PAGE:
I hope that no one here thinks that I feel Crash is a bad film or that I did not like the movie. That having been said, I am not sure that I can necessarily say that it was a good movie, and I certainly cannot say it was a great film (it certainly did not deserve to win Best Picture). That having been said, it is an entertaining film which has its share of good points and bad points, and it is certainly worth watching at least once.

Wednesday, January 31, 2007

Sidney Sheldon R.I.P.

Television producer, screenwriter, playwright, and novelist Sidney Sheldon died yesterday of complications from pneumonia. He was 89 years old.

Sheldon was born Sidney Schetel on February 11, 1917 in Chicago, Illinois. He started writing while very young, making his first sale at age 10 (he received $10 for a poem). He attended Northwestern University and wrote short plays for theatre troupes. During World War II he served in the Army Air Corps as a pilot in the War Training Service.

It was during the war that Sheldon broke into the movies as a screenwriter. His first screenplay was for the movie South of Panama in 1941. For the next several years he wrote stories and screenplays for various films. It was in 1943 that he made it to Broadway. In 1943 an update of The Merry Widow, for which Sheldon wrote the book, made its debut on the Broadway stage. The next several years Broadway would see several plays by Sheldon, among them Jackpot and Alice in Arms. After an absence of some years, Sheldon returned to the Broadway stage with Redhead in 1959 and Roman Candle in 1960.

In 1947 Sheldon wrote the screenplay for The Bachelor and the Bobby-Soxer, for which he won the Oscar for Best Writing, Original Screenplay. Sheldon then entered his most prolific period as a screenwriter. Among other things, he wrote the screenplays for Easter Parade, Annie Get Your Gun, Anything Goes, and Billy Rose's Jumbo.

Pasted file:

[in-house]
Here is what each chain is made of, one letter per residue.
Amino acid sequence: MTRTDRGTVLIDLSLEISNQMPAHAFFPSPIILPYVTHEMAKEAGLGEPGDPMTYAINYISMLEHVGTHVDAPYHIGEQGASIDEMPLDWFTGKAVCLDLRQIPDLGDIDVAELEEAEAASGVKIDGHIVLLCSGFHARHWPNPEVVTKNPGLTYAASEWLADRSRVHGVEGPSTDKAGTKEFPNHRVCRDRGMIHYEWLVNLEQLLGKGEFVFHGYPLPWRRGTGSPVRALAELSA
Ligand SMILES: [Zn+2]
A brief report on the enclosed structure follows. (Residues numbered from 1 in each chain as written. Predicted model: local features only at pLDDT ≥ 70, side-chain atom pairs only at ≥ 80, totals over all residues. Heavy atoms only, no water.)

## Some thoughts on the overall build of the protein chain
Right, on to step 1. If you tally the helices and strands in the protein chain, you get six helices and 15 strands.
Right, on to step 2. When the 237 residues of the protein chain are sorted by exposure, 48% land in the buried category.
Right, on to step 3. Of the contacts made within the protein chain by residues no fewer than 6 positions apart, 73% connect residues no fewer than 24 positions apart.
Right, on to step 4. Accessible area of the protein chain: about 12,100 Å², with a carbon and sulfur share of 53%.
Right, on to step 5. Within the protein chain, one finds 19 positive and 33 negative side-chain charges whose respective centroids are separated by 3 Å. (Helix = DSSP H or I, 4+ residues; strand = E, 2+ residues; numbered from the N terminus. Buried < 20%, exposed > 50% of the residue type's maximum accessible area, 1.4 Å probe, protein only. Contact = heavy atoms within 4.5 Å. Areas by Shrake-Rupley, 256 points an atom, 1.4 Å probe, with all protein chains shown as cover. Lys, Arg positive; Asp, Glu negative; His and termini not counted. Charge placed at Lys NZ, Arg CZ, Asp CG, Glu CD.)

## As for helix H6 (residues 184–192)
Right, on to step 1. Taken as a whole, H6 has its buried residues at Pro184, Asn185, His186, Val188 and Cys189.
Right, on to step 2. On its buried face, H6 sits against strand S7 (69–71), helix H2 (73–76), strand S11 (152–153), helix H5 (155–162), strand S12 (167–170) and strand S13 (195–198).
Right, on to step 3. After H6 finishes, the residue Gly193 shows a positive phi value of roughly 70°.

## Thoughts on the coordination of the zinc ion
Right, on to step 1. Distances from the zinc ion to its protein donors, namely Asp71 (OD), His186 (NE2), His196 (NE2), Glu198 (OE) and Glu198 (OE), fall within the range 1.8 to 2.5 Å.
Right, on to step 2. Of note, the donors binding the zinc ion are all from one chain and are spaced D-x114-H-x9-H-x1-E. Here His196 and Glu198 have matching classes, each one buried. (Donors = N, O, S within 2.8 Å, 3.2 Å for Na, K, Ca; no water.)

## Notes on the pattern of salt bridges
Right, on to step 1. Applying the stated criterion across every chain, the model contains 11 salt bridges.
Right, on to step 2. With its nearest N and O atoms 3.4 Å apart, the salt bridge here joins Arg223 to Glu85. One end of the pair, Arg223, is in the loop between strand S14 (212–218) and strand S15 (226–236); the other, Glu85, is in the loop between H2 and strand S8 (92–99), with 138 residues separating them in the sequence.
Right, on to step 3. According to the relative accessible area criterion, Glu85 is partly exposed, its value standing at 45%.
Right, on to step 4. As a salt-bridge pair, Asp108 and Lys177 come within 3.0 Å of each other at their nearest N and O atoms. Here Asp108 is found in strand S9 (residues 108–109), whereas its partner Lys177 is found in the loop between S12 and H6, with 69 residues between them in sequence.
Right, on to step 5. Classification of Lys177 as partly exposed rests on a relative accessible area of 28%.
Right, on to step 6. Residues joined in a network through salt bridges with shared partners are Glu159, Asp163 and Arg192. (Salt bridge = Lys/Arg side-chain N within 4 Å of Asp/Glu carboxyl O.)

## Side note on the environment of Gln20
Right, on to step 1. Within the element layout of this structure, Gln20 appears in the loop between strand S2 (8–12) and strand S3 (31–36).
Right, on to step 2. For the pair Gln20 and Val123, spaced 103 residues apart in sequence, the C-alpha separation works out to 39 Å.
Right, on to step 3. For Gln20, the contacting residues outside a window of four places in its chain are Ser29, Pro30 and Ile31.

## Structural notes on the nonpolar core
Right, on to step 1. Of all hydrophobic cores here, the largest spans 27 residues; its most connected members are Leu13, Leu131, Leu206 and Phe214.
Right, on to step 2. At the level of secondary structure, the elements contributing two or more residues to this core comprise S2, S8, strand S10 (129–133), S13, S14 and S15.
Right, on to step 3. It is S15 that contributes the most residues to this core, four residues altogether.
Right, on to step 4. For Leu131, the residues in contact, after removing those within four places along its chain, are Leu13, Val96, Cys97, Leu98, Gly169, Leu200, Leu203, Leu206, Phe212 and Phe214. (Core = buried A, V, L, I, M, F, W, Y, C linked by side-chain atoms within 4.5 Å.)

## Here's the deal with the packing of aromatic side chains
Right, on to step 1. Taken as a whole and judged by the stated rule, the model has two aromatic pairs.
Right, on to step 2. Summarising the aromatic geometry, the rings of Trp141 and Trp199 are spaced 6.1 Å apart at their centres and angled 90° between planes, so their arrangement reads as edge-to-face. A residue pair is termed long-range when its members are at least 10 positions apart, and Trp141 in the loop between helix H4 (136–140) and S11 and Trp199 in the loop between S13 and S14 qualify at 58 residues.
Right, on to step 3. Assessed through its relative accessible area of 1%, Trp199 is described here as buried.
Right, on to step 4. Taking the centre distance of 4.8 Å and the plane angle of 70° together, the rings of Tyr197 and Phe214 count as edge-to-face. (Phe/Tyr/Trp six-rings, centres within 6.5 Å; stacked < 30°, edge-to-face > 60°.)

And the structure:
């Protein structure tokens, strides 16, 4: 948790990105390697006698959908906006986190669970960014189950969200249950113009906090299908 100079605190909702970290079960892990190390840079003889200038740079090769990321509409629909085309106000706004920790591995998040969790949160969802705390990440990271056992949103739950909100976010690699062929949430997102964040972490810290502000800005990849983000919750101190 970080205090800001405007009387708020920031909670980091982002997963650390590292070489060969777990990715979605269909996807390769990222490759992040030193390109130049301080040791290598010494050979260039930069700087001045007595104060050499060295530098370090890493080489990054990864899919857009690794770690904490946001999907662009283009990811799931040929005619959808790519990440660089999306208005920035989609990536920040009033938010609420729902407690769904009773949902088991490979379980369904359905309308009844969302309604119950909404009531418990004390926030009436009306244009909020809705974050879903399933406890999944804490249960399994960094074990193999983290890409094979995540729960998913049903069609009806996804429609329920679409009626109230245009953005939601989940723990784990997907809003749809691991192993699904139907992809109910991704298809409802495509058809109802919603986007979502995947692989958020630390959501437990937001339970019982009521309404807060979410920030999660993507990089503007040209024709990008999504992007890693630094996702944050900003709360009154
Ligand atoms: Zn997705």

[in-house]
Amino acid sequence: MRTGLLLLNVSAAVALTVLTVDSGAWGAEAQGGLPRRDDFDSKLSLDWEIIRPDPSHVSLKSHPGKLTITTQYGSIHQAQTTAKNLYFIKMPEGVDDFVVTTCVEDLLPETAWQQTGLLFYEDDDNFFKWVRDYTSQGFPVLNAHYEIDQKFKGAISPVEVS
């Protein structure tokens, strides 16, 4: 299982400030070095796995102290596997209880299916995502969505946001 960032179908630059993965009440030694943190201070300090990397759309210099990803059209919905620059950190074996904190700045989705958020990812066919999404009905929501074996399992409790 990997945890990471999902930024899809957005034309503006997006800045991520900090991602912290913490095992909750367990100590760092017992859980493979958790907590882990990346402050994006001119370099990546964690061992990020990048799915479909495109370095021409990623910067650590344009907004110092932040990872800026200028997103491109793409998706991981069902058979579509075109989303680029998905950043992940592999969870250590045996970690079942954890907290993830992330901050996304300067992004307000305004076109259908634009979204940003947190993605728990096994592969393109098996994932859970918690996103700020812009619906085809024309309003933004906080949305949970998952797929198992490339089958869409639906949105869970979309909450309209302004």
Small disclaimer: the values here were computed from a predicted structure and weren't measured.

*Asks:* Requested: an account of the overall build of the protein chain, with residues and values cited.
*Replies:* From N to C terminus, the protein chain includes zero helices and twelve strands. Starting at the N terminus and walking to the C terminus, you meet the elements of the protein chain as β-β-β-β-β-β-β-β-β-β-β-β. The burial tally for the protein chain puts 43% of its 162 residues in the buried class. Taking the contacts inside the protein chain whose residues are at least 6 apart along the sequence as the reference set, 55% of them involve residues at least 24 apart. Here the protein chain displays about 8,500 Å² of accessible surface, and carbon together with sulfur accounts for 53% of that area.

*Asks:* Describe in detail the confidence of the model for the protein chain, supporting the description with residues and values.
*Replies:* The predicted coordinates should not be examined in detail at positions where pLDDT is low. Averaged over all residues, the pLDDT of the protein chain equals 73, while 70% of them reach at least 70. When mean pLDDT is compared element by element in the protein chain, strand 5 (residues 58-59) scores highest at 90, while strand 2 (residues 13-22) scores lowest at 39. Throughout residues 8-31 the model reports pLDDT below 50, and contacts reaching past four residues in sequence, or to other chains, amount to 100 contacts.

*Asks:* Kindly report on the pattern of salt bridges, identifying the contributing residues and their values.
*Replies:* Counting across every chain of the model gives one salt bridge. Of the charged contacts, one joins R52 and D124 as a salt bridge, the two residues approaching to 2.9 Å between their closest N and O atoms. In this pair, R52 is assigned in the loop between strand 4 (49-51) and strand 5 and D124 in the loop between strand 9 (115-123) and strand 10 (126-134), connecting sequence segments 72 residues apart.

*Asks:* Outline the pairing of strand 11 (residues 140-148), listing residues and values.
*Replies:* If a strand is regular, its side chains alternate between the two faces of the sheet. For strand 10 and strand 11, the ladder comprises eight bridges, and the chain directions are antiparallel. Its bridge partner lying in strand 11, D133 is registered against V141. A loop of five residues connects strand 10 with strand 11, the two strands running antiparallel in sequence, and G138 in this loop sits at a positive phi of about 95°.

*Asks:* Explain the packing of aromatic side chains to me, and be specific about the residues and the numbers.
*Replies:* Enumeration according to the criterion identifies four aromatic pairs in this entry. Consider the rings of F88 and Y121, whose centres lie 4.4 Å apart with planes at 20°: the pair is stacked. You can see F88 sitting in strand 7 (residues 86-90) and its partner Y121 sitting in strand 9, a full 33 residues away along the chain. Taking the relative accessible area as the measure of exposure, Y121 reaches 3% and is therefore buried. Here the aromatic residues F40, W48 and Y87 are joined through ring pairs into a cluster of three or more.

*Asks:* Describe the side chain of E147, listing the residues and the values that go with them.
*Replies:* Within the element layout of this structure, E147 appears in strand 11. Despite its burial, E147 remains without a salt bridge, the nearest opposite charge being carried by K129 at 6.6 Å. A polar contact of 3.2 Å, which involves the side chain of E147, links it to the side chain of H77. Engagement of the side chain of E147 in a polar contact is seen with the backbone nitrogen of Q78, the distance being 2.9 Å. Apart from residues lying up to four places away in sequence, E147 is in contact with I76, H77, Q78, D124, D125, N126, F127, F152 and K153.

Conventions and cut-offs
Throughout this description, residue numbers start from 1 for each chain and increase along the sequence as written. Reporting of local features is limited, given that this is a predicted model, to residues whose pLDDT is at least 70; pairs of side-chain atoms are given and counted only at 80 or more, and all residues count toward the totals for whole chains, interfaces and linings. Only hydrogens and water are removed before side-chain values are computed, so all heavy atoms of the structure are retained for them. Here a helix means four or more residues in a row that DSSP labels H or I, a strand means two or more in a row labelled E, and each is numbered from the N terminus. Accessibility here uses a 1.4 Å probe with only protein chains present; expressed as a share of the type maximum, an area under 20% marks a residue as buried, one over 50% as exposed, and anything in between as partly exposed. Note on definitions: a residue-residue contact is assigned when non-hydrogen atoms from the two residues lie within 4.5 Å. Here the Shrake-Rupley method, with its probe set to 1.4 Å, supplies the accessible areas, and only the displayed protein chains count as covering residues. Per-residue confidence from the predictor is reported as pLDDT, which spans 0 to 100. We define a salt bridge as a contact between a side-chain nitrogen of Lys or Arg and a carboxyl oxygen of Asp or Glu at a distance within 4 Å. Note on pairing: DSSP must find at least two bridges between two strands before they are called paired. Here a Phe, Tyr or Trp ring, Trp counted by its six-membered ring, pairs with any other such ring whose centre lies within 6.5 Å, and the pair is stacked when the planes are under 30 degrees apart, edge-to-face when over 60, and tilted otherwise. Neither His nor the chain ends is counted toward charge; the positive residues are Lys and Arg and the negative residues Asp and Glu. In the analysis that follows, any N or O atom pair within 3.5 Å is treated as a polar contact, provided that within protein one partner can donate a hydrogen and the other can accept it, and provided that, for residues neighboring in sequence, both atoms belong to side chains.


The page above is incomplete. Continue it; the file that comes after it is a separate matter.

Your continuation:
It was in the Sixties that Sheldon entered a new career as television writer and producer. He created and produced The Patty Duke Show, which ran from 1963 to 1966. What may well be his best known creation debuted in 1965, the sitcom I Dream of Jeannie. Centred on astronaut Tony Nelson who winds up the master of the mischievous genie Jeannie, the show was a tribute not only to his creativity, but to his prolific writing as well. Sheldon wrote so many scripts for the sitcom that he used a pseudonym on many of them so that people would not think the show was written entirely by one man!

It was during the last season of I Dream of Jeannie that Sheldon entered yet another career. At the age of 50 he wrote his first novel, The Naked Face. This novel would be followed up by over 15 others, many of which would be adapted into mini-series. He would return to television in 1979 as the creator of the series Hart to Hart, for which he also wrote several of the scripts. It ran from 1979 to 1984. Of the TV series Sheldon created, only Nancy (1970) failed to run more than one season.

Sidney Sheldon was undoubtedly a talented man. Not only did he write the screenplays for several classic films, but he also wrote for the Broadway stage and created three classic TV series (The Patty Duke Show, I Dream of Jeannie, and Hart to Hart. This is not even counting the several novels he wrote. I rather suspect that ultimately Sheldon will be best remembered as the creator of I Dream of Jeannie, one of the best and most popular sitcoms of the Sixties. The show lasted five seasons and has seen success in syndication. It also saw two reunion movies and will see a feature film based on the series to be released next year. Of course, he will also be remembered as a screenwriter of such classic films as The Bachelor and the Bobby-Soxer and Easter Parade.

As to myself, I will remember Sidney Sheldon in another way. Many years ago I was working on a book (sadly, unpublished as of yet) on the science fiction and fantasy series of the Sixties. I wrote Sheldon with a few questions about I Dream of Jeannie. Not only did he answer my letter promptly and answered my questions, but he treated me with respect as a fellow writer, even though I had not yet been published. For me, then, I will always remember Sheldon not only as a talented playwright, screenwriter, and novelist, but as a true gentleman who would take the time out of his busy day to answer the questions of a beginning writer and to encourage that writer as well. I must say that I am then truly saddened by his death.

Monday, January 29, 2007

Screen Actors Guild Awards 2007